It should be recognised, however, that in recent months Brussels has repeatedly shown support for the walls erected by the Baltics and Poles on the border with Belarus to stop the Afro-Asian illegal immigrants (from Iraq, Congo Brazzaville, Cameroon and Syria) that Minsk has deliberately brought to its territory to send on to the Union’s borders. But this is above all a political gesture in the context of the standoff that has been going on for months with Minsk, after the sanctions imposed by the EU on the Belarusian regime. "We really need - said the Commissioner for Internal Affairs Ylva Johansson - to strengthen the protection of the EU's external borders. Some Member States build barriers and I understand them. I have nothing against it. But I don't think it is a good idea to use EU funds ", which are" limited "and are used for other things, to "build them".
"This summer was very hard and difficult for Lithuania," said Lithuanian Interior Minister Agné Bilotaité. “Illegal immigration is a hybrid attack on Lithuania and all of Europe. In this situation, changes in the EU legal framework and in migration policies are needed, because we should be able to respond more strongly when we face hybrid attacks of this type." The relevant political and social fact doesn’t change, that almost half of the EU member states expect the Union to make a direct commitment to erecting barriers at the external borders confirming in fact how shrewd and far-sighted both the policies launched in recent years by Viktor Orban's Hungary and the Lega in the first Italian government of the current legislature were.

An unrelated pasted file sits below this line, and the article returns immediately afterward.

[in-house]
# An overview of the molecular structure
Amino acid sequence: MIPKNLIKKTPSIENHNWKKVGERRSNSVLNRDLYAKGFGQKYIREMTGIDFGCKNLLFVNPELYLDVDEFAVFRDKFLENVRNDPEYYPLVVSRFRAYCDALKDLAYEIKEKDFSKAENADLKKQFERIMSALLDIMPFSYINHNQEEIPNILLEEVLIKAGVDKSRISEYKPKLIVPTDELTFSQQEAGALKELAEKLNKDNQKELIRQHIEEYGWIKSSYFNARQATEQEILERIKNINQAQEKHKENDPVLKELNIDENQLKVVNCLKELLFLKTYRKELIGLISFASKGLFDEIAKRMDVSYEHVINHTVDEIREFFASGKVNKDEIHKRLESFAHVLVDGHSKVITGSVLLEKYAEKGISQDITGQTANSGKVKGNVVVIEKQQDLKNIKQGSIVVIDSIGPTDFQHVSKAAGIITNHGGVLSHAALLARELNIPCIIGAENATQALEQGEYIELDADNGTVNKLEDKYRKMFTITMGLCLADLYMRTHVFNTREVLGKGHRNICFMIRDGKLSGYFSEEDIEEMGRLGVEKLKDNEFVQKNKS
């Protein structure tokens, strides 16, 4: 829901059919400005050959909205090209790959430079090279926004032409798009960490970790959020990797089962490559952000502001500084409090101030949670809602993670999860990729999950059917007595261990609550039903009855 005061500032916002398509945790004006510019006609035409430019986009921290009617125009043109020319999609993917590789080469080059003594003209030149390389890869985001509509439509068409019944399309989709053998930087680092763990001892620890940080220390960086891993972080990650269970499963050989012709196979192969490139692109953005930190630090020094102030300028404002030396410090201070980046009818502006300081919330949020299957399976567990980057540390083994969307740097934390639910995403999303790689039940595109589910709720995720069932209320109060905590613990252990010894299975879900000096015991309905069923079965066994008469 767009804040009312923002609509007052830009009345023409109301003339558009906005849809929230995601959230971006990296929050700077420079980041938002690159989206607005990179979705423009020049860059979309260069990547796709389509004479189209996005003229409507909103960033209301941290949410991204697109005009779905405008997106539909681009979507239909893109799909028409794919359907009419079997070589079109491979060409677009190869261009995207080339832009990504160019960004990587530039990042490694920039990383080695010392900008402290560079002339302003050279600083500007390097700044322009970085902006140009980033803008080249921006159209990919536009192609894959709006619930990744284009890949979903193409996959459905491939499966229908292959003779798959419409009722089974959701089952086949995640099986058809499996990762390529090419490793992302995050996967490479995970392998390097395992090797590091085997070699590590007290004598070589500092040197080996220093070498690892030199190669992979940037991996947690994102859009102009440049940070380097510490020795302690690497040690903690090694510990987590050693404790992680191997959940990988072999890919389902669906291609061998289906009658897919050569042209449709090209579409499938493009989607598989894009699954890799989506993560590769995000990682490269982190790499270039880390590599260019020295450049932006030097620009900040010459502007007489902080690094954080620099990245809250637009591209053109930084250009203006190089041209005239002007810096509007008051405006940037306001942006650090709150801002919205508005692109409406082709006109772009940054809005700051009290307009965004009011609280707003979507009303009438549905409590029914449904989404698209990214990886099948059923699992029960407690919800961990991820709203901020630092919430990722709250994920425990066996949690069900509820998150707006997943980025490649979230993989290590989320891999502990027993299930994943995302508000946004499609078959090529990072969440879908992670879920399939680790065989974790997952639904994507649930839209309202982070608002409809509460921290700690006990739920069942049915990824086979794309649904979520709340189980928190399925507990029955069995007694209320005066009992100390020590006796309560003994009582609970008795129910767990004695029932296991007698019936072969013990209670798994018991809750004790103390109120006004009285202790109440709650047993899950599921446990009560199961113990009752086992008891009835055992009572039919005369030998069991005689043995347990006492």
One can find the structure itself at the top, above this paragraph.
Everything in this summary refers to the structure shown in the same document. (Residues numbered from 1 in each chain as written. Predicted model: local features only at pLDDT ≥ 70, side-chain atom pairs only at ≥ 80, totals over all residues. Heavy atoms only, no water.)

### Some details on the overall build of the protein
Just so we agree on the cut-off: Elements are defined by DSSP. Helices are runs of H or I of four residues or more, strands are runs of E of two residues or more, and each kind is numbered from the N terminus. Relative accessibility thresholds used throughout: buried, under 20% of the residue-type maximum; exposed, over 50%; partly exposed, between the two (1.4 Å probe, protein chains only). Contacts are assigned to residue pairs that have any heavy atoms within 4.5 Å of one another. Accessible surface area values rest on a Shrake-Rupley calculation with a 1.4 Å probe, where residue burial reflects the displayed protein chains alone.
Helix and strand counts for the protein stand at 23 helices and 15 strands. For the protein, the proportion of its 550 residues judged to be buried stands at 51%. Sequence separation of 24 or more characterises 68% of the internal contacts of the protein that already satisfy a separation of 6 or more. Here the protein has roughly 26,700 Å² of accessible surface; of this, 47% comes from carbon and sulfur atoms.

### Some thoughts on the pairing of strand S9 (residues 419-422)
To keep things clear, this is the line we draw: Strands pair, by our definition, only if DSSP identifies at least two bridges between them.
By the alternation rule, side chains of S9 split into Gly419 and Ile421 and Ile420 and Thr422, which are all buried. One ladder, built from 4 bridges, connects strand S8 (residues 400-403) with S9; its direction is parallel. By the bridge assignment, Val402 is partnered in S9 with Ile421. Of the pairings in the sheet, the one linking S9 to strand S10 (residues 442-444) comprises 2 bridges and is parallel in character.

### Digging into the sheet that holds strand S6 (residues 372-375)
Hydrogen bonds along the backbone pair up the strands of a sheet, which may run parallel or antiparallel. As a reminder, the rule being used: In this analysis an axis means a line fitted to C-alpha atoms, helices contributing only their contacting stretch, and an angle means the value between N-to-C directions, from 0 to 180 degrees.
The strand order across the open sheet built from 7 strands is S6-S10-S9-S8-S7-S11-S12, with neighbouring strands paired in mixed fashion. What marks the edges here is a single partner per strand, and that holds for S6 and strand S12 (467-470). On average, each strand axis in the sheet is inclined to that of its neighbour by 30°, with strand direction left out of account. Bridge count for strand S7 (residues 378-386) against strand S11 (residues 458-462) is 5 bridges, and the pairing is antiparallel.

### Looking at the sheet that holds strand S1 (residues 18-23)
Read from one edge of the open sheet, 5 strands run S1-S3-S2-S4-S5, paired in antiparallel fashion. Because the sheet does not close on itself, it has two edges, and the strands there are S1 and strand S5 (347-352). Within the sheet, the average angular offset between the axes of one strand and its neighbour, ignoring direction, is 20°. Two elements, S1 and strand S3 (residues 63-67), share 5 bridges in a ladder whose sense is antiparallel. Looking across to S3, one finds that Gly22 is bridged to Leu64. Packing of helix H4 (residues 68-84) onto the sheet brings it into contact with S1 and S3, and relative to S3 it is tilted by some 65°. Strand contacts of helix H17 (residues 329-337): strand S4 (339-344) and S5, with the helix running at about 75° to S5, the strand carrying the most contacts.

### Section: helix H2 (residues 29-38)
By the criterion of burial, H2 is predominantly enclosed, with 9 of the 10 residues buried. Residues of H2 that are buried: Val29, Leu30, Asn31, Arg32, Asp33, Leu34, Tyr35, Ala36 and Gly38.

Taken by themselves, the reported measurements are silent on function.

But for Italy, the concept of "walls" is hardly practicable, it has to deal with illegal immigration that moves largely from the African and Turkish shores of the Mediterranean, but the concept remains the same: to prevent the arrival, disembarkation or transit of those who do not qualify to reach Europe. As the EU is in a deep crisis, partly due to the home goal it scored by exerting pressure on Poland, which is supported by Hungary and the Visegrád Group, the vicissitude of walls and immigration risks striking a decisive blow to the Von der Leyen Commission itself.